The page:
Due to the way my brothers cube is built, it exudes much more of a limited set draft flavor than it otherwise would if it was constructed in the standard method of a singleton set. The interactions of the conspiracies with multiple copies of a card have really defined the way the draft is played, and its been a main focus of the cube since the start. I was extremely interested in how building a cube worked, and was thrilled when he wanted my input here and there. It is always going to be his cube, but I was glad to be of help wherever I could.

After our first few drafts, including a Saturday where my brother and I tried out a number of two player draft formats, it became clear that there were some problems with the cube. There were some cards that were consistently being left behind in favor of others, and there were cards that were completely dominating the set.

My brother had built the cube around some pretty solid archetypes, but even that wasn’t enough to topple a set of very good decks that were dominating the format:  Allies and  Graveyard Goodstuff. Both of those decks were nasty to play against because red had a ton of burn and white had awesome value in addition to the fantastic tribal and on the other side black had some really good graveyard manipulation and some big, giant, value fatties in green.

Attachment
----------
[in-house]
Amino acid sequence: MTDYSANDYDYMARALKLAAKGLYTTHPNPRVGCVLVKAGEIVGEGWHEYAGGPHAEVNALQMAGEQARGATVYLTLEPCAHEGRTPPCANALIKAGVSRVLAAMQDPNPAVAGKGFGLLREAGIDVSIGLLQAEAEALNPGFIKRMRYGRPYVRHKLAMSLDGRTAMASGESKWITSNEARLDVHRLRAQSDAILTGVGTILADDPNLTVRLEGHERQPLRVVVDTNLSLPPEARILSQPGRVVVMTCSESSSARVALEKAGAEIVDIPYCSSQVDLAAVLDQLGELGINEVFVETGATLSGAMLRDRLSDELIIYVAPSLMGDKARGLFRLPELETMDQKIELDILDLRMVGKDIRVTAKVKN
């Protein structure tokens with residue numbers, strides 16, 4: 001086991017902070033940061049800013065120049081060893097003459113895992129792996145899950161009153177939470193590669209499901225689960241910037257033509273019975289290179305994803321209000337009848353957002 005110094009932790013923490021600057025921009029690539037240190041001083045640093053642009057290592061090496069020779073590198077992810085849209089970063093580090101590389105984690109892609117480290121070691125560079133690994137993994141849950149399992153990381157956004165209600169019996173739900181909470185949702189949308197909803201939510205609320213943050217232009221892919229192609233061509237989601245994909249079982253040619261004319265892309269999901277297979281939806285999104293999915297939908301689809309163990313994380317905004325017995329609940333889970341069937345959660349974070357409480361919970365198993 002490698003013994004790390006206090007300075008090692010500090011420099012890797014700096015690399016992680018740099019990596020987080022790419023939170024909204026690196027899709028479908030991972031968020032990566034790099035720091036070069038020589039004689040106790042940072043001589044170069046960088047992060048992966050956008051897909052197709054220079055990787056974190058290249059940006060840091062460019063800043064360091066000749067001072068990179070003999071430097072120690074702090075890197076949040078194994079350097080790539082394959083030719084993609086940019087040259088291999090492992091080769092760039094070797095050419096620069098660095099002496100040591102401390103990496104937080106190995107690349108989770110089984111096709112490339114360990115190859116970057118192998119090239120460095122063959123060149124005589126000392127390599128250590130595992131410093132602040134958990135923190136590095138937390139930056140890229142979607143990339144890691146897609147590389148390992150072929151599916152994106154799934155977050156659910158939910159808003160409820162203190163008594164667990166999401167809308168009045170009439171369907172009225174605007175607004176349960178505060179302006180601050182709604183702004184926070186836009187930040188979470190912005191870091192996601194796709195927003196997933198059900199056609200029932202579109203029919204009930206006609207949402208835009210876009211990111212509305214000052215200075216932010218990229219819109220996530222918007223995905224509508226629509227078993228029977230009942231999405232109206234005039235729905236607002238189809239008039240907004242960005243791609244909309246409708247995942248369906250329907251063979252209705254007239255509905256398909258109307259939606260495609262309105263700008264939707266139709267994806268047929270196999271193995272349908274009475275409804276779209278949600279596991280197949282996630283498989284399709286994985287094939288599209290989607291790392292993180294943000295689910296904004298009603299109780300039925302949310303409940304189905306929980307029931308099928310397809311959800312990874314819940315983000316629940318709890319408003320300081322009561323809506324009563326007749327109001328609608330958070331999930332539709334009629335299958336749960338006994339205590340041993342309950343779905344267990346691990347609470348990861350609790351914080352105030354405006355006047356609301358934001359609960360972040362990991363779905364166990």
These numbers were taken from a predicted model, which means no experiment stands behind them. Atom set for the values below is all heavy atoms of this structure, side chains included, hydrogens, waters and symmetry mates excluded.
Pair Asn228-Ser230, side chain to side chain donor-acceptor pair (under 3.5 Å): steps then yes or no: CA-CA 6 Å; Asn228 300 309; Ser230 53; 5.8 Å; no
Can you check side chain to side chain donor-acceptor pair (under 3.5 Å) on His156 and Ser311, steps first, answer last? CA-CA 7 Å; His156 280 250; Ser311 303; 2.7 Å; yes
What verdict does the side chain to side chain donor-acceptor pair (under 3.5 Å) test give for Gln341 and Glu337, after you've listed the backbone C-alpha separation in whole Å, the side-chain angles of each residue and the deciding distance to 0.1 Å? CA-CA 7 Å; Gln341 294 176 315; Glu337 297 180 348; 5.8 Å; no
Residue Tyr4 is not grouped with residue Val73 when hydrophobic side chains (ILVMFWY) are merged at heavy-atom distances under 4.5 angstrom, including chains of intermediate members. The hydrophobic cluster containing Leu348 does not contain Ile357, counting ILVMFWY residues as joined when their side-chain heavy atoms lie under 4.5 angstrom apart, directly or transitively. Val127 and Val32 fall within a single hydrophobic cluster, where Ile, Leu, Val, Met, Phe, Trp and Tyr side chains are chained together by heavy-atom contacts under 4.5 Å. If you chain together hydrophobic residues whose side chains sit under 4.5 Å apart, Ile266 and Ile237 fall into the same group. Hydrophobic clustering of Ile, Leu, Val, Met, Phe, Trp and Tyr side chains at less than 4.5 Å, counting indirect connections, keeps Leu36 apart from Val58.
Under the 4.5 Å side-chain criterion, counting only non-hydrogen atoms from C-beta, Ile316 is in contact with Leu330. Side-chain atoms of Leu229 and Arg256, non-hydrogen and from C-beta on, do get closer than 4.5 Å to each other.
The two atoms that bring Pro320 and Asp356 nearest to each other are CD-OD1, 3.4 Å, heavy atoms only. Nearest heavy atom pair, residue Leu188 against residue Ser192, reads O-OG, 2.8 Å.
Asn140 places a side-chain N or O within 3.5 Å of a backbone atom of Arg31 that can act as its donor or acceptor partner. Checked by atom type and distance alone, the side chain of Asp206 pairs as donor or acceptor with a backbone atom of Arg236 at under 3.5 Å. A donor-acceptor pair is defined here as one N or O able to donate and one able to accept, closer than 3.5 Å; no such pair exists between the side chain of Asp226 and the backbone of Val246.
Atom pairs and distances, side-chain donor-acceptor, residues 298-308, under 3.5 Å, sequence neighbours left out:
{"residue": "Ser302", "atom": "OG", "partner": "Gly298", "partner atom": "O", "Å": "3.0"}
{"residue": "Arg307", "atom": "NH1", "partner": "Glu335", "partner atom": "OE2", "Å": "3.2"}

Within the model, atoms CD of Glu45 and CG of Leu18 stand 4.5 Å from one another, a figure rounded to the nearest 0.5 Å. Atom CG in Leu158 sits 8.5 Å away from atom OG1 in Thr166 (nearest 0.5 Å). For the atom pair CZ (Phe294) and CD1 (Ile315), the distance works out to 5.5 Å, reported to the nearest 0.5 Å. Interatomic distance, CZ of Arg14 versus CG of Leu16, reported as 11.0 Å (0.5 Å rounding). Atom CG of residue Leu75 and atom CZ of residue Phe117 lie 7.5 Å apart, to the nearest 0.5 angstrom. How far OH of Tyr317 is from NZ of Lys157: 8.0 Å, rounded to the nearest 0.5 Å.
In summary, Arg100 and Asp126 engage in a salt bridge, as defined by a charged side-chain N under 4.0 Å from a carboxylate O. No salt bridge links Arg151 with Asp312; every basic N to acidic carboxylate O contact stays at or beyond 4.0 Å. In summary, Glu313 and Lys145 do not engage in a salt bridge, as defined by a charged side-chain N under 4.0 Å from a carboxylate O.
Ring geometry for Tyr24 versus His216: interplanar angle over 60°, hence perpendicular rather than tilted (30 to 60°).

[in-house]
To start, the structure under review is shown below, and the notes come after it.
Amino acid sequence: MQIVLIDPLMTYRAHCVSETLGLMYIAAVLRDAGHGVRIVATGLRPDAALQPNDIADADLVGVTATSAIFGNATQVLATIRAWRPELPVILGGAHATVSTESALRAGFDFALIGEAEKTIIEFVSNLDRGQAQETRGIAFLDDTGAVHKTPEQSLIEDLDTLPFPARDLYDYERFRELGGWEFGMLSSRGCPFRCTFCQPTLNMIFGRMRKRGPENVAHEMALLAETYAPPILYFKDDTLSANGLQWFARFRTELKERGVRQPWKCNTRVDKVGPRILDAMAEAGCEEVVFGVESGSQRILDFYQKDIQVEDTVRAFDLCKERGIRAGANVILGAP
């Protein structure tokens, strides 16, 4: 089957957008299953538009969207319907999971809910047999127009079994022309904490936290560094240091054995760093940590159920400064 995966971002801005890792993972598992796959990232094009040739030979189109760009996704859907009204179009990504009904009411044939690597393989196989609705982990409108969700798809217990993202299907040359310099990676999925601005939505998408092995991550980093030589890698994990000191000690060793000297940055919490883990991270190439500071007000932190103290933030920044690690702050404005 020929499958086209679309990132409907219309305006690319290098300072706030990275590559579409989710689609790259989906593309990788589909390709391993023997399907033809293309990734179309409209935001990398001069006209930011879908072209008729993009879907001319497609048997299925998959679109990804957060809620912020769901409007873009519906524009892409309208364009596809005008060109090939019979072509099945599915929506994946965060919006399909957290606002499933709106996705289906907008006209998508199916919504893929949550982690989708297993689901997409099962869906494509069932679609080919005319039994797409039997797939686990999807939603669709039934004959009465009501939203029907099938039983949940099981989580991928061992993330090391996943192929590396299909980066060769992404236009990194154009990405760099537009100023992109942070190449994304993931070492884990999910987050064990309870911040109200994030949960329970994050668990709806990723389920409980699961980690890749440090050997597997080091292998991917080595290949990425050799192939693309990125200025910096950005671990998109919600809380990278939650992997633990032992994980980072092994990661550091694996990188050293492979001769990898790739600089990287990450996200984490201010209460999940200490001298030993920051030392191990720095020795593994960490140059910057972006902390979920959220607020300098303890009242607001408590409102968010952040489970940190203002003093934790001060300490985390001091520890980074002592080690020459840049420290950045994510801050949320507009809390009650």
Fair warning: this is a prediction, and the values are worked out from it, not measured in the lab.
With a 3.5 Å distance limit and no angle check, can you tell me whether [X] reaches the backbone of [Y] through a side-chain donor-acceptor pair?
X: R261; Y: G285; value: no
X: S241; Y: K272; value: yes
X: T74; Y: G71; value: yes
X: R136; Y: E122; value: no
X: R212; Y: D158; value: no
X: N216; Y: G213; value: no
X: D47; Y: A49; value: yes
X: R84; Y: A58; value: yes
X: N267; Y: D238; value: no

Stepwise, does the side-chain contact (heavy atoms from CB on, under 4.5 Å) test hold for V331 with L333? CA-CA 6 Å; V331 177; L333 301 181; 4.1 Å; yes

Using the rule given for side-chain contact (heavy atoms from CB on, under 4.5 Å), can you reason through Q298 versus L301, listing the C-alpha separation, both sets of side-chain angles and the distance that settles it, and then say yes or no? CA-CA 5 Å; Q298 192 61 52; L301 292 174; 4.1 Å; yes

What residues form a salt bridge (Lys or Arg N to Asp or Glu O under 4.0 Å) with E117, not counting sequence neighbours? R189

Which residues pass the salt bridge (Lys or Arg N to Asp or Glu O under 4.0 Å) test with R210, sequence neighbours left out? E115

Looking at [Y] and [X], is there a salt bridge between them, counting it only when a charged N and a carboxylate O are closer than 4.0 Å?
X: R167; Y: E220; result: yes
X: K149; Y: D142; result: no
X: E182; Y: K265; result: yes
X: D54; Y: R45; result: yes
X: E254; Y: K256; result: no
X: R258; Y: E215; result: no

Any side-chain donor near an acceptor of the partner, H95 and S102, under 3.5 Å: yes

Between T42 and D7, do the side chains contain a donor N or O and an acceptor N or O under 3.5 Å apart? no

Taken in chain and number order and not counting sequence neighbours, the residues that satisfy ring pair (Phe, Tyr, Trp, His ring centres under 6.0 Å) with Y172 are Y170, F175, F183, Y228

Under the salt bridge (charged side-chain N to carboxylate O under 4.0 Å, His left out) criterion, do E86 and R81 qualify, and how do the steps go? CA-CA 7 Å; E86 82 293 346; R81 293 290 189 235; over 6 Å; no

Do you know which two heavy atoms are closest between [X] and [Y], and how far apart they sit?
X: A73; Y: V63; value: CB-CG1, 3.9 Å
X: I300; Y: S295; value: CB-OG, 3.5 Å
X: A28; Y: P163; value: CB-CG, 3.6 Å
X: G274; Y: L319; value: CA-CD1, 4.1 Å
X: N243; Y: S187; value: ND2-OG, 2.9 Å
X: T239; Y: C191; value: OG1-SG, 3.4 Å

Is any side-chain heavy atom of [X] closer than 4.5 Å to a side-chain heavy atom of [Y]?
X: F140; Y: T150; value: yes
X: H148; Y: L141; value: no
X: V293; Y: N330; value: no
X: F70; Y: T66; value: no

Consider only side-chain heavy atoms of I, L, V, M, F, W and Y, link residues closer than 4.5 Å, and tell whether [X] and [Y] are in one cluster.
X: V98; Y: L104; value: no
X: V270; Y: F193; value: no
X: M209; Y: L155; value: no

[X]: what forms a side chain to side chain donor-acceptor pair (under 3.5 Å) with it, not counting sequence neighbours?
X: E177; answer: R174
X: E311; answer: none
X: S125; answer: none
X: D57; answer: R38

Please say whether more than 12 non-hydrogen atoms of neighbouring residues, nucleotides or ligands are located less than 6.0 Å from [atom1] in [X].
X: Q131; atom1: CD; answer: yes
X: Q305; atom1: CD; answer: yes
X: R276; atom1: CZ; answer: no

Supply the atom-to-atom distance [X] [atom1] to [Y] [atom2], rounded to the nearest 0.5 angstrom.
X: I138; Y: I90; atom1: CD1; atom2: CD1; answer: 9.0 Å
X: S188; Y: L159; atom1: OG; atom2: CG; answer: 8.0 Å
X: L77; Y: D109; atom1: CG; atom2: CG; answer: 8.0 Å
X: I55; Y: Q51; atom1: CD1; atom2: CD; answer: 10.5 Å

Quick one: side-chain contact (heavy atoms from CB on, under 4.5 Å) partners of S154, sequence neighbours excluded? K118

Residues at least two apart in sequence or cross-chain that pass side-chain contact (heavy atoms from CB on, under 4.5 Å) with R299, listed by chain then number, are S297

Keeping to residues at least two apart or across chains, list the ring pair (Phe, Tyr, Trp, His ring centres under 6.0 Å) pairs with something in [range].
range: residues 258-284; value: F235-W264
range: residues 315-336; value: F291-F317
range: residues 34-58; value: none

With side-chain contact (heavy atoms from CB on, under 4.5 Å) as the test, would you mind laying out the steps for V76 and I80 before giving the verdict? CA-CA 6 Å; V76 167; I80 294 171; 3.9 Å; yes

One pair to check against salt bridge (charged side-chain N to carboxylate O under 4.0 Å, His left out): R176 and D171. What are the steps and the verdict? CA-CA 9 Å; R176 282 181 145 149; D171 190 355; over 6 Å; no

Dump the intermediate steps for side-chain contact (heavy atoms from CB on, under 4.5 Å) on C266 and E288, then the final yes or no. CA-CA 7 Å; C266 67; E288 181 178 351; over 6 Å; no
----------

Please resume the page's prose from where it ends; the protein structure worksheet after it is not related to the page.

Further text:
In addition to the two really good decks, the rest of the set seemed to develop into stalemates. early game would see one or two people break get some early damage in with aggro creatures, but after that it devolved into a massive wall of creatures set to lay into each other, but with few ways to break the deadlock, and most of them were in the two strong decks to begin with. had both Typhoid Rats and Deadly Recluse. This would lead to people avoiding going after the player because the trades were unfavorable, giving the deck time to pull out nasty big dudes and pull away. In contrast, had enough cheap, solid dudes that with its allies bonus and its body count it could eventually overwhelm an opponent. This was (is) further buffered by the Ondu Cleric, which, if played right, could net tons of life. Vigilance, which white has in abundance, is also extremely good when it comes to creature showdowns, as it allows you to have both offense and defense.